Currently lying third in the world rankings is Jeremy Cotter – 26 points behind Jasper Mocke.   Converting places to points, that means he’s going to need to beat the Mocke brothers by 5 positions to get to the top of the rankings – and that’s not likely on the current form of both Dawid and Jasper.

But between the Mockes… it’s all to play for.

Women’s Race

[Update] Michele Eray’s welcome return to racing saw her win the Nelo Summer Challenge in September this year and she’s my pick to take the 2012 Dragon Run.  My pick for second is Aussie Naomi Flood...  The race for third place, however, is less easy to pick: the talented young French paddler Angie Mouden is paddling her first Dragon Run and will be up against the experienced Australian Ruth Highman.

2011 Dragon Run

Here's Rambo's video of last year's race.  (Rambo is back to film again this year.)

  

Technical Course

The Dragon Run is a favorite for many reasons – not least being the nature of the course, which is technically challenging.

For one thing the waves, although seldom massive, tend to ricochet off the steep sided islands that crowd the seas off Hong Kong.  This effect is most noticeable near Cape D’Aguilar (aka the Kissing Whales) where a maelstrom of klapotis greets the paddlers before they make the right hand turn towards the finish in Stanley Bay.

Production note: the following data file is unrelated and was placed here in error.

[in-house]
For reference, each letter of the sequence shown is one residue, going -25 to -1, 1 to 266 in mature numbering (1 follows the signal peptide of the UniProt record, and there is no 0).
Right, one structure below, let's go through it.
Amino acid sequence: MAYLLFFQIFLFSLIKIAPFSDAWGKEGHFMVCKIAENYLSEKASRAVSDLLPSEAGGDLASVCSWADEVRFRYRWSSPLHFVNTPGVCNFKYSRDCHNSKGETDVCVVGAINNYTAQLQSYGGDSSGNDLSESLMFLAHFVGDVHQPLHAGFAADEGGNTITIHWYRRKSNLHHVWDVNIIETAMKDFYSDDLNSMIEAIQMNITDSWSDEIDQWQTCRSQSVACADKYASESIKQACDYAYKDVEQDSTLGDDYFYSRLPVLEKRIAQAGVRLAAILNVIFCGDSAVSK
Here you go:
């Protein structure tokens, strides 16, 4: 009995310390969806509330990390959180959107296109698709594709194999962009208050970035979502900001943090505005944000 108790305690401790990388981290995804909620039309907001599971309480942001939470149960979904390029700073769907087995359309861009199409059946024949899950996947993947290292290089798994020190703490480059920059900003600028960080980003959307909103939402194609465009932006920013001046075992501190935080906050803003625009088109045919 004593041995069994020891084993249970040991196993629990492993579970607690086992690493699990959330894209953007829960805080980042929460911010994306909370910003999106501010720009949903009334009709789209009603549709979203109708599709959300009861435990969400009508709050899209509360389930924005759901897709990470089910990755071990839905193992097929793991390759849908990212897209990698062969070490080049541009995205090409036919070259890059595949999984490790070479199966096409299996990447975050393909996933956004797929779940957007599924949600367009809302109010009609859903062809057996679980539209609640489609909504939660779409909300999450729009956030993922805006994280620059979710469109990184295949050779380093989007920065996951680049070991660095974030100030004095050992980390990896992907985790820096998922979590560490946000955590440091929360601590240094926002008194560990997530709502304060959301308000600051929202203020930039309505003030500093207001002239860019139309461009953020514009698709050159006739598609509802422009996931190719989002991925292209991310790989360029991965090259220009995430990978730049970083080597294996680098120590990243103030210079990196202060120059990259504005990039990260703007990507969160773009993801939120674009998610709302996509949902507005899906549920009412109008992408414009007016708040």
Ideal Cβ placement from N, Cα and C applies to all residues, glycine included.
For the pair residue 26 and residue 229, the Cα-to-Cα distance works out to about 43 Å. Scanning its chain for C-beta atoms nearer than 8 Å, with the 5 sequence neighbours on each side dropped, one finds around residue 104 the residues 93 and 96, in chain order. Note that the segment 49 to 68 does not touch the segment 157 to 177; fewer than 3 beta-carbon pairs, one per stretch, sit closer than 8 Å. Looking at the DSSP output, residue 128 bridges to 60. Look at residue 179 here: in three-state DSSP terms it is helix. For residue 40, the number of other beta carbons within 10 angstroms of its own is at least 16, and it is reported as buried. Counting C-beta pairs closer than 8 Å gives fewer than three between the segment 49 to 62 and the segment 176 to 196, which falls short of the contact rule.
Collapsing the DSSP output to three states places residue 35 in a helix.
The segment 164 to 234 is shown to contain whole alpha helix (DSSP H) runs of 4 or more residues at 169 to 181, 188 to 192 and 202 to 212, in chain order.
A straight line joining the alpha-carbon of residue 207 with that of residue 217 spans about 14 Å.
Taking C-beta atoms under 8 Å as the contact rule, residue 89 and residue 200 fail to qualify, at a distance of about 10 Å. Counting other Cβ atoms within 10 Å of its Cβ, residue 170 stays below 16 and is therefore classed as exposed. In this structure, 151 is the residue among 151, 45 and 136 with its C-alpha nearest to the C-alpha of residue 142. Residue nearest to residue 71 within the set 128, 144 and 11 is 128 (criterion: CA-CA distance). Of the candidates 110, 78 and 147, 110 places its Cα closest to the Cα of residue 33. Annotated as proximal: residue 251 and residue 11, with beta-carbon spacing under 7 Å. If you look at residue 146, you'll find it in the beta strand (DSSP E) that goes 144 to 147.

Here's my (very mediocre) track from last year:

The route comprises three very different sections:

Clearwater Bay to Nine Pins Islands (7km)

The waves and wind are coming over your left shoulder and as you exit Clearwater Bay you’re faced with steep wind chop rolling diagonally under your ski.  They’re short runs and difficult to catch – you need to accelerate onto them and then veer left, riding each wave on the diagonal.  A surf rudder to hold your ski from spinning out is essential.

Nine Pins to Cape D’Aguilar (10.5km)

The wind is now coming over your right shoulder, but much more from behind and the waves are almost lined up towards the turning point at Cape D’Aguilar.  The landmark you’re straining to see through the murk is the “Kissing Whales” – two enormous rocks that look like a pair of… right.

For me, this section was pure joy and I overtook a number of paddlers who’d nipped past me on the awkward section to the Nine Pins.  In some ways it was like our local Millers Run, with waves intersecting to create opportunities to link runs by angling from wave to wave.

Cape D’Aguilar to Stanley (5.5km)

The approach to Cape D’Aguilar is hectic – the seas becoming more and more confused the closer you get. 

Having rounding the rocks, you head for about 2km almost due west and here the runs can be clean and spectacular.  And you need to make the most of them before heading northeast across Stanley Bay to the finish at the Hong Kong Sea School.  That last three kilometer stretch is a true test of grit – it’s on the flat, with small side chop and either a side or head-wind…   It’s put your head down and grind…

Can’t wait.

Watch out for daily updates from Wednesday from Hong Kong where it’s my privilege and delight to be taking part in my second Dragon Run!